"We're thrilled. I knew we had good quality outcomes and I knew this was something we focused on, but I had no idea how well we stacked up against other hospitals in the nation," says Jesanna Cooper, MD, OBGYN and chair of the Women and Infants Department at Princeton Baptist Medical Center. They were named to Newsweek's 2020 list of Best Maternity Care Hospitals, along with Vaughan Regional Medical Center in Selma.
The list recognizes facilities that have excelled in providing care to mothers, newborns and their families, as verified by the 2019 Leapfrog Hospital Survey. A panel of national experts advised Leapfrog on standards for excellence in maternity care, including achieving low rates of C-sections and early elective deliveries, and following crucial protocols to protect mothers and babies, such as newborn bilirubin screening. The standards align with medical research and best practices, though not all hospitals achieve them.
Christy Smith, RN, BSN, director of Women and Children's Services at Vaughan, can point to no specific change last year for attaining the distinction. "We just focus on being aware of what is considered quality care and we work to implement those guidelines every day, every patient, and every delivery," she says.
The two gynecologists practicing at the hospital deliver an average of 440 babies annually, strictly adhering to best practices to achieve the better outcomes. "We don't do early elective deliveries," Smith says. "We take the time to educate expectant mothers on the importance of staying pregnant to 39 weeks or more. We're not fast to do C-sections, either. Episiotomies? Our doctors don't do that on everybody because not everyone needs one."
Their consistency is what Smith credits with Vaughan gaining the national acknowledgement, but notes that attention on the best practices as the only measurement in Newsweek's list could play a part. "I think the reason we've gotten recognized is that finally quality is being looked at a little more than quantity of patient satisfaction," she says. "The public needs to know the quality of the care you're getting is what is really important, not that the walls were painted a pleasing mint green."
Both Alabama hospitals that have achieved a place on Newsweek's list serve a similar, and often more challenging, population due to socio-economic and educational limitations. Around 95 percent of Vaughan's obstetric patients are on Medicaid, while Medicaid patients make up about 60 percent of the obstetric patients at Princeton.
"Seven years ago, we were at about 80 percent Medicaid," Cooper says of Princeton. "But because the model of care we offer now is appealing and unique, our patient population has become more diverse."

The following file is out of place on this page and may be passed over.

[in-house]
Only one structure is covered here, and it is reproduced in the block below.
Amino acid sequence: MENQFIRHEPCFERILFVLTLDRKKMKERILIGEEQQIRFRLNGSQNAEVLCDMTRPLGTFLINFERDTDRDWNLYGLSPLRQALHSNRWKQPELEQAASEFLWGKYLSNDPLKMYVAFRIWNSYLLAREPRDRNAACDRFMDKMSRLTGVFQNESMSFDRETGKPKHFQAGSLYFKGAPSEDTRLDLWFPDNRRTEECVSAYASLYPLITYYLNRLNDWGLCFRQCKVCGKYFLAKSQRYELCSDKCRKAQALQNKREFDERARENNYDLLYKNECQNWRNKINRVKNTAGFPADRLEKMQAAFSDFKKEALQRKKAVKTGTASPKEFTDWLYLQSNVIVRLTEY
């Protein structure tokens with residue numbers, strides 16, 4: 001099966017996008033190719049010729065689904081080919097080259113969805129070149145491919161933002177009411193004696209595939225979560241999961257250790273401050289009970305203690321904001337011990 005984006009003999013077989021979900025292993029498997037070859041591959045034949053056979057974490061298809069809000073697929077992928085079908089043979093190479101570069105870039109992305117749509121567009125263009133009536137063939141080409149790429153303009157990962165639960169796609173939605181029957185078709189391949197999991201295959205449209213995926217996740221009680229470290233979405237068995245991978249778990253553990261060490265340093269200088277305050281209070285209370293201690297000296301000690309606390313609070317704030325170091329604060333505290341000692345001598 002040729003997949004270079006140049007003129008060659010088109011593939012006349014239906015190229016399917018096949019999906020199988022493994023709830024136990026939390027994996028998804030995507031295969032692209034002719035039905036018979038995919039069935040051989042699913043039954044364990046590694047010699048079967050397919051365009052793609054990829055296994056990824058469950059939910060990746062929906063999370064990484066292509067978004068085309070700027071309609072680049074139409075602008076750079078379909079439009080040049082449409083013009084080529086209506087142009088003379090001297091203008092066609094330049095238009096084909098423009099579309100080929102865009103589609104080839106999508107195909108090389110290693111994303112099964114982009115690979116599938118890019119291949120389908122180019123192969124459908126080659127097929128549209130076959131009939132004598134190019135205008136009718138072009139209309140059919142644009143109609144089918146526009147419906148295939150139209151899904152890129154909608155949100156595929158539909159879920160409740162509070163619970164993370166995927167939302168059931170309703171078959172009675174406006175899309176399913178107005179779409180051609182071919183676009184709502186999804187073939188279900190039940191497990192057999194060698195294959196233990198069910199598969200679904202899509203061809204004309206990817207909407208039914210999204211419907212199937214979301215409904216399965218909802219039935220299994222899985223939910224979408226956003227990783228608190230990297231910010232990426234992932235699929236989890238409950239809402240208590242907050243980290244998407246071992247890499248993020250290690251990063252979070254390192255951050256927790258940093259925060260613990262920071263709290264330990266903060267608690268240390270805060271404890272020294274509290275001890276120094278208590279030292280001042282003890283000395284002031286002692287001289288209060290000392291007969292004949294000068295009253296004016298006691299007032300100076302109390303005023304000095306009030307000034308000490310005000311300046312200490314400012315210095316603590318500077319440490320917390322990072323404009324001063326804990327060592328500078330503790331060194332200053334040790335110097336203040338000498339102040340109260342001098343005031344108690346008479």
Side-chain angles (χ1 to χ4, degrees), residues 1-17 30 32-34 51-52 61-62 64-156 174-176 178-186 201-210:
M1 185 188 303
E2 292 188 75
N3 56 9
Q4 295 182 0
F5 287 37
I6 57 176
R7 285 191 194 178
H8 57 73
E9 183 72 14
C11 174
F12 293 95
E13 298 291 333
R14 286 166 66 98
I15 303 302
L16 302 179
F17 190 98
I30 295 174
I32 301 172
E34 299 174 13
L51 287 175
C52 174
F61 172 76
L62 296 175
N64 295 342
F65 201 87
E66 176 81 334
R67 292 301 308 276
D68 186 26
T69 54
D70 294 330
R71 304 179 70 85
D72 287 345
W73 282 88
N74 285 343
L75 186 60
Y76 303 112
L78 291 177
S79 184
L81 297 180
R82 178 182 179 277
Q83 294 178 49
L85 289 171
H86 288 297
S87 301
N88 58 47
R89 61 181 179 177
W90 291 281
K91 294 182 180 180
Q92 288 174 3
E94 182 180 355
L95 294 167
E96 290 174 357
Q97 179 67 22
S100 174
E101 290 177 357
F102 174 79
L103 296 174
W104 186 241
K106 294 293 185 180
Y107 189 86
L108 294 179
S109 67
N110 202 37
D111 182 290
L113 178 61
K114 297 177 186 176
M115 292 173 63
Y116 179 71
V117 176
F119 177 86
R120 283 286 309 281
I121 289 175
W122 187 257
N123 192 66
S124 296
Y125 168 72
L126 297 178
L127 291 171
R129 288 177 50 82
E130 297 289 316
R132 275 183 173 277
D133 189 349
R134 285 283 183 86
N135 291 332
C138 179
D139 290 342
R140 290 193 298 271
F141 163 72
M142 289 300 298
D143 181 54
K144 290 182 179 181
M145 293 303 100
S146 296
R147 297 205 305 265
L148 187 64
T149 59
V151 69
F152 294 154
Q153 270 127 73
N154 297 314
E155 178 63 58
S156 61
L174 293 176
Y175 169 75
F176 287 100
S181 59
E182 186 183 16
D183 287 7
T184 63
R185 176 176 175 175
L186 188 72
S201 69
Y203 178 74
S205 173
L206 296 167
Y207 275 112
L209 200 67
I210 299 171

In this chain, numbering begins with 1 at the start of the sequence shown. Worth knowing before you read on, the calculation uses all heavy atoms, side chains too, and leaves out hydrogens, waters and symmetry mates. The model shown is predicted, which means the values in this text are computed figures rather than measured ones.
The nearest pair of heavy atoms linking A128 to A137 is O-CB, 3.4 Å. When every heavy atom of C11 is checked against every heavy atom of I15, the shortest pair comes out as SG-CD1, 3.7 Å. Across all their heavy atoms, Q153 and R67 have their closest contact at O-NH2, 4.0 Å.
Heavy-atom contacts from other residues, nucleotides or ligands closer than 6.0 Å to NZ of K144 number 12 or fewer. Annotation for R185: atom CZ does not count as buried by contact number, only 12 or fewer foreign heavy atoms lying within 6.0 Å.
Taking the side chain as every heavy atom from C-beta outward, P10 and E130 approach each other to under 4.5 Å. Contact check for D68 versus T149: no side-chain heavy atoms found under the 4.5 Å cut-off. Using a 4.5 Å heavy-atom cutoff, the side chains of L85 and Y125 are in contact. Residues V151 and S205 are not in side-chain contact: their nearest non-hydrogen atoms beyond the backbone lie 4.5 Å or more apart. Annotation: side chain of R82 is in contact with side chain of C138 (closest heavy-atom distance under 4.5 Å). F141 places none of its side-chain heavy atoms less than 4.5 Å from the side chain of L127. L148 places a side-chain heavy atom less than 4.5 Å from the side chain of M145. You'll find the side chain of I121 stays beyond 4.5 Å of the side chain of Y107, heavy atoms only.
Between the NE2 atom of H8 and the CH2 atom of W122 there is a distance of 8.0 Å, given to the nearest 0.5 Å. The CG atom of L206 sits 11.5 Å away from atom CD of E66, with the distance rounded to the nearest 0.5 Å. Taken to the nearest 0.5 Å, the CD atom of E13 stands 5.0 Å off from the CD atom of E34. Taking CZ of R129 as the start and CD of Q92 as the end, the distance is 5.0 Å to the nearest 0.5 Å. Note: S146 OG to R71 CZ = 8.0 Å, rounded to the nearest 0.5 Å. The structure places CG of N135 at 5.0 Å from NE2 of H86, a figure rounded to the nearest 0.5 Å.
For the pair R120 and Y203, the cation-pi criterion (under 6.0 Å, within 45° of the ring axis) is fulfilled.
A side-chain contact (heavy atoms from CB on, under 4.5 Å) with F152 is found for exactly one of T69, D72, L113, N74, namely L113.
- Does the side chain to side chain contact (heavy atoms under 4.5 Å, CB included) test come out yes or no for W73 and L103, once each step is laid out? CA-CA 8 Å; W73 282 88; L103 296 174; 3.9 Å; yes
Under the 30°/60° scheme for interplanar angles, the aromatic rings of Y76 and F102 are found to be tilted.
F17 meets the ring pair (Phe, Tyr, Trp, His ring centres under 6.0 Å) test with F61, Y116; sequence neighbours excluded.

Princeton is the only hospital or OBGYN practice in Birmingham that uses a midwifery model of maternity care. "Usually, the physician is considered the team leader for the healthcare maternity team. We have tried to shift that culture so that we put the birthing person as the leader," Cooper says. The change made five years ago has drawn mothers-to-be from beyond the Princeton community to include Shelby County, Forest Park, Mountain Brook and as far north as Cullman.
"When you put the woman and her family first, and listen to them, you get good outcomes," says Sheila Lopez, CNM, RN, director of midwifery at Princeton-affiliated Simon Williamson Clinic. She is one of two midwives on staff and has been with Princeton for four years. "We've seen a lot of women with a history of preterm birth, and when they get into the midwifery model they tend to go full term or longer. One woman who had a history of two 36-week births went to over 39-weeks and no other risk factors changed except being in the midwifery model. We see that over and over again."
The two midwives manage around 90 percent of the vaginal births at Princeton, averaging around 30 per month. "Patients tell us it that our model is vastly different in the feel and thoroughness of their visits compared to other programs. They say they feel heard, respected and included in their care here, and they didn't feel that way in other births, and that's why they come here and wouldn't go anywhere else," Lopez says.
"Delivering the old way in a bed in stirrups is not our norm anymore now," says Pat Franklin, RN, BS, and nurse manager women's services at Princeton. Instead, the staff encourages women to get up and move around, try a variety of positions, and to utilize apparatus, like peanut balls and birthing balls, to find comfort and progress during labor.
"It's like a victory here every time someone has a vaginal delivery," Franklin says. "We have patients of the midwifery model who have had a C-section and went vaginal for their second birth. That's a big victory, and it works. It's very gratifying for the patient."